As many of you that were able to attend our first Health 3.0 Networking event observed, we had a very diverse group of health care providers that function in multiple health care roles at our event. We had pharmacists, physicians, surgeons, educators, periodontists, optometrists, heart specialists, and more. We had CFOs, CEOs, COOs, Practice Managers, directors, providers, and health care consumers. The list goes on.
Yet even with this diverse group of attendees, every discussion I encountered shared one common unifying question…How do I fit into PCMH?
And, of course, the short answer to that question was, and still is…”We are still all trying to figure it out.”
And, as part of the process, we can start by thinking of it this way…We’re trying to piece back together a puzzle that should have never become as disassembled and disconnected as it has over the past several years. After all, the puzzle shares the same unifying glue –patient health – at the very center. So, how can we effectively throw a piece here or toss a piece there (or forget where we placed a piece) and expect to reassemble it on command?
It’s tough. But just like any master puzzle assembler (is there such a word?) would tell you, you have visualize the finished piece, the end result, before you can start taking the most efficient steps toward assembly. You have to know where the blues go and the reds belong in order to find the corner pieces and build the framework.
So, how do we get the big picture and snap the pieces back into place? First we have to agree to what the finished piece is. Is it *health* as an outcome that we want to achieve? Is it accreditation so we can (hopefully) improve our margins?
Maybe we start re-connecting on various levels…We connect by re-organizing around patients at our respective organizations or the organizations we support. We then communicate what we’re doing, what we need, what we’ve learned and start learning about other organizations outside our own. And, even if we haven’t started re-organizing internally, we utilize networking to reach beyond who we currently know – not unlike the goal of the Health 3.0 Event – to create living, breathing learning organizations greater than ourselves.
With this process in mind, an incredible health care provider that I have been fortunate enough to find through networking (@DocForeman), has shared a proposed rule for Medicare programs that speaks directly to behavioral health’s role in PCMH and the importance, nay requirement, of an interdisciplinary approach.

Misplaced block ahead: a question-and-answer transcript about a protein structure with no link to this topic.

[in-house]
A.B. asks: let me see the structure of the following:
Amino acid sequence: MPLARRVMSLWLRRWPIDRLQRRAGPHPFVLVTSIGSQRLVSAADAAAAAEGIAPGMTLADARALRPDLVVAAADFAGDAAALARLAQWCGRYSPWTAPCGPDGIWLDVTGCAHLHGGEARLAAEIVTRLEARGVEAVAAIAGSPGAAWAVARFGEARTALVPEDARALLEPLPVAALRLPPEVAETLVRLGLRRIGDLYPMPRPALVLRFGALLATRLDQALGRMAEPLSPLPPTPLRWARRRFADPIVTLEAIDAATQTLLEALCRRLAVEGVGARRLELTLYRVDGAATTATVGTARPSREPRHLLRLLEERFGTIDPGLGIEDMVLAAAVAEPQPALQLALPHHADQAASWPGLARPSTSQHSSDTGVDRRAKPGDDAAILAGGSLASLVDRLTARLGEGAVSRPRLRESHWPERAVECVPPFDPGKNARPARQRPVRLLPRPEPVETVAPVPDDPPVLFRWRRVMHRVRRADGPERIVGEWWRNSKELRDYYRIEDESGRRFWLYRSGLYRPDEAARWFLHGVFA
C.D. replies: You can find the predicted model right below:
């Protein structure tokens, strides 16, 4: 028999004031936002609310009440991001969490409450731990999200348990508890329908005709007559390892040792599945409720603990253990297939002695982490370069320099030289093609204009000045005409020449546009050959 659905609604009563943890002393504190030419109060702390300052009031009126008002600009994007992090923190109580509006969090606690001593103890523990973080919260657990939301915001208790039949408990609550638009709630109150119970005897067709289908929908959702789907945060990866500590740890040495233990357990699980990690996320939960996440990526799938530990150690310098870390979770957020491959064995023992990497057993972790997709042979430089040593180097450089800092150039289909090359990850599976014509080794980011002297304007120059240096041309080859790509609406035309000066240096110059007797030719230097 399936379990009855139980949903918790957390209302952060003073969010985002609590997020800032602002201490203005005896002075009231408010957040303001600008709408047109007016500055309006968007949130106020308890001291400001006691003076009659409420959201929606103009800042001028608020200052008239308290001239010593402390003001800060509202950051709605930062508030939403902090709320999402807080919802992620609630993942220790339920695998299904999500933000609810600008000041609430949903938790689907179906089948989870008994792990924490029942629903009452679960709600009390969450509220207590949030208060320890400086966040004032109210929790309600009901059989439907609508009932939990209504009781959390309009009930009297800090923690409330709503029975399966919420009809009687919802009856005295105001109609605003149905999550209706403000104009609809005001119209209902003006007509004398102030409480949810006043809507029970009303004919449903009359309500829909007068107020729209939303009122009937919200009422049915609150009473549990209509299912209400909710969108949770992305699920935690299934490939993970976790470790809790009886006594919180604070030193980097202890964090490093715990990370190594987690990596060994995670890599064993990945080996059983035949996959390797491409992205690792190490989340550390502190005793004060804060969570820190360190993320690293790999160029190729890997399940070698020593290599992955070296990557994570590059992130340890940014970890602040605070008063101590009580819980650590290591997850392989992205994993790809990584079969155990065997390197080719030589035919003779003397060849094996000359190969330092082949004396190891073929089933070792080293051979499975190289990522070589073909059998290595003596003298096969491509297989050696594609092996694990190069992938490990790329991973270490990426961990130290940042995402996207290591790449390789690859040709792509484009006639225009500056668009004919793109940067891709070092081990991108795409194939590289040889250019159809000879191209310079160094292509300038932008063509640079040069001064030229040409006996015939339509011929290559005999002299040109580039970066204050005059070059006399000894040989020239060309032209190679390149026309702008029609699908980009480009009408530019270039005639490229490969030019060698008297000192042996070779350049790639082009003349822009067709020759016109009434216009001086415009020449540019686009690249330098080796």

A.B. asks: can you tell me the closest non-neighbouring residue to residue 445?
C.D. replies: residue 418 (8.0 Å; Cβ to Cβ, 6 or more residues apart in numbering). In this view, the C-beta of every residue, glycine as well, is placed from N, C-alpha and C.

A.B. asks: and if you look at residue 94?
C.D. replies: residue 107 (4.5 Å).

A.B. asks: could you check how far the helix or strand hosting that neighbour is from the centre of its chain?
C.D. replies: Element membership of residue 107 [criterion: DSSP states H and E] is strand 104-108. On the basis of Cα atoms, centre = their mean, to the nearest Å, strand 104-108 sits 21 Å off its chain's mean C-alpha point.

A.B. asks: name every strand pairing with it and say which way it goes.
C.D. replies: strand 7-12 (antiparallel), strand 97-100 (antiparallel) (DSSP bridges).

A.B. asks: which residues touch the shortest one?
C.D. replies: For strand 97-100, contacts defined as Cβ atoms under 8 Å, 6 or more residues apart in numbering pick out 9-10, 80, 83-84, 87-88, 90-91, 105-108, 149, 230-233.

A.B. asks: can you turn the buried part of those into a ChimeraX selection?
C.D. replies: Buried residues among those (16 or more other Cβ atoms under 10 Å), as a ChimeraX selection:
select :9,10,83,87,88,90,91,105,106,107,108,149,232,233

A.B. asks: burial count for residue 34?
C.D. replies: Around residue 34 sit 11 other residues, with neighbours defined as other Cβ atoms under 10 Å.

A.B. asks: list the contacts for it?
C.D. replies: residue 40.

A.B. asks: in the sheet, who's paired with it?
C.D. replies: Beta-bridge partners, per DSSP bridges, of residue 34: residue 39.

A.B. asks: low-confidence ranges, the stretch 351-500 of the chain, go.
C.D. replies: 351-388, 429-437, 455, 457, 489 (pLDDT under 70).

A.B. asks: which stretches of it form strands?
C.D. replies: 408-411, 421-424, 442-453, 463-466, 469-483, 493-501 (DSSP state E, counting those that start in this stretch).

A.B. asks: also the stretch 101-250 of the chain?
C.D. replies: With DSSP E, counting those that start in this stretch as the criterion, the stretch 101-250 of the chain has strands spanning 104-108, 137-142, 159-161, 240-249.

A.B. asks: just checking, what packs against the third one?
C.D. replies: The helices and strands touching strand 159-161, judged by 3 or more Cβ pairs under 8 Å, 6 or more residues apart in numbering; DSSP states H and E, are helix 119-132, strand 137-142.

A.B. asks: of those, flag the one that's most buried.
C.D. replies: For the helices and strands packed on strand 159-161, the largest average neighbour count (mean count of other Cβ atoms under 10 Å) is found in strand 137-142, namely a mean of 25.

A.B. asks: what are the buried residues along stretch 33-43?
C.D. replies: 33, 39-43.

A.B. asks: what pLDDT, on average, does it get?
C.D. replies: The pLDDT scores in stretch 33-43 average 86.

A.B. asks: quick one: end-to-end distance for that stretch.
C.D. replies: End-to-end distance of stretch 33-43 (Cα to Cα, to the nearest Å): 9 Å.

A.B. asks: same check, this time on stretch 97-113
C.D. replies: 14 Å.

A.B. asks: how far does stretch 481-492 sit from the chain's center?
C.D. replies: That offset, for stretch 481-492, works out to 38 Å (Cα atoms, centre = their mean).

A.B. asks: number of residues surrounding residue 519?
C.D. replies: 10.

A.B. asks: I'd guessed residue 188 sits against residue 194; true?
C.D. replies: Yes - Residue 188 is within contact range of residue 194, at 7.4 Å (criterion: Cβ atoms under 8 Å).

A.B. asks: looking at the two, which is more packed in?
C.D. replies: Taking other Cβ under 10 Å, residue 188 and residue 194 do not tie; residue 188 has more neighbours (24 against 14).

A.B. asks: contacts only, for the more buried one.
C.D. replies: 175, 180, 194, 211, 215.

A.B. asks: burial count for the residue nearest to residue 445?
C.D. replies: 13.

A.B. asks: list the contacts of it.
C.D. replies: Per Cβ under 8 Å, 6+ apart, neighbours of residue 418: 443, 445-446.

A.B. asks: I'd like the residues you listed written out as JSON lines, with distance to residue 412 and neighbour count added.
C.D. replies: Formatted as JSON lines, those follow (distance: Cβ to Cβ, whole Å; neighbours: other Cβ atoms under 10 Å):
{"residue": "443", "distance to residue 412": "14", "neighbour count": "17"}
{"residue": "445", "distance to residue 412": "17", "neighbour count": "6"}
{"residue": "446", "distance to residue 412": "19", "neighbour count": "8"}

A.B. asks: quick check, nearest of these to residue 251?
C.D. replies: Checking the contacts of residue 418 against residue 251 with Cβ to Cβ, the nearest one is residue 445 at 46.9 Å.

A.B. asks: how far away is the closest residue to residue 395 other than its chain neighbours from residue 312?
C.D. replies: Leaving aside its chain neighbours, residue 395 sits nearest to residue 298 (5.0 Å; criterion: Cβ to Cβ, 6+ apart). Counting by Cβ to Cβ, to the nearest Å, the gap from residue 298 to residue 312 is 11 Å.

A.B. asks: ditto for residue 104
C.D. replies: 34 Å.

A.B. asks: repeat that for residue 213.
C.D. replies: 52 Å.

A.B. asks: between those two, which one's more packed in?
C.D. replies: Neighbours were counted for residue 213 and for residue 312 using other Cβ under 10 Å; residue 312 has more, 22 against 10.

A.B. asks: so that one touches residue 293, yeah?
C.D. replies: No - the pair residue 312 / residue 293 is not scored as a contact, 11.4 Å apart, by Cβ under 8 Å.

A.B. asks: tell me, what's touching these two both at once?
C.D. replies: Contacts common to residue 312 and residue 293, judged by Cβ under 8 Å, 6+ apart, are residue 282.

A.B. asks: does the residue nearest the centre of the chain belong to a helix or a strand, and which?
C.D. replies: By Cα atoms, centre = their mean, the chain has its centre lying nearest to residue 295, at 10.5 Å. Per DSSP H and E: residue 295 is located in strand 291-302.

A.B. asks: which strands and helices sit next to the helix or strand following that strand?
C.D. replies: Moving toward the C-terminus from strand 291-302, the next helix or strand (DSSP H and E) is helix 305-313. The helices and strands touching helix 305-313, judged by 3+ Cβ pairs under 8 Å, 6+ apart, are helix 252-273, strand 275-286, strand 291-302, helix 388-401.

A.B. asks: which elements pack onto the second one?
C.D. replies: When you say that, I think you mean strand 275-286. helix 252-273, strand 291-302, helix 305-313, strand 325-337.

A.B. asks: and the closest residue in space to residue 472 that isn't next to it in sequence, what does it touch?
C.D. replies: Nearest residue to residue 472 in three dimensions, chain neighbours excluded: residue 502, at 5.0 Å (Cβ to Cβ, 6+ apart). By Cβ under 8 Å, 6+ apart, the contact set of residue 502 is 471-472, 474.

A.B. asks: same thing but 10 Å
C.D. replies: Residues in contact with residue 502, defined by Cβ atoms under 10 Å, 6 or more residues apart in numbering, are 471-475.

Even for those of you that weren’t able to attend our Health 3.0 event, I can share that the PCMH model is rapidly gaining momentum in our health care industry. The pieces are coming together. And, like any change, the question is do you want to be part of creating the puzzle? Or forgoing your choice and merely receiving your assigned piece once the framework has been built?
Medicare Program; Conditions of Participation (CoPs) for Community Mental Health Centers
This proposed rule would establish, for the first time, conditions of participation (CoPs) that community mental health centers (CMHCs) would have to meet in order to participate in the Medicare program. These proposed CoPs would focus on the care provided to the client, establish requirements for staff and provider operations, and encourage clients to participate in their care plan and treatment. The new CoPs would enable CMS to survey CMHCs for compliance with health and safety requirements.
In proposed § 485.916(a), “Standard: Delivery of services,” we are proposing that the CMHC designate a physician-led interdisciplinary team for each client, which would include either a psychiatric registered nurse, clinical psychologist, or clinical social worker, who would be a coordinator responsible, with the client, for directing, coordinating and managing the care and services provided to the client. The team would be composed of individuals who would work together to meet the physical, medical, psychosocial, emotional, and therapeutic needs of CMHC clients.
The interdisciplinary team would include, but would not be limited to the following:
- A doctor of medicine, osteopathy or psychiatry.
- A psychiatric registered nurse.
- A clinical social worker.
- A clinical psychologist.
- An occupational therapist.
- Other licensed mental health professionals, as necessary.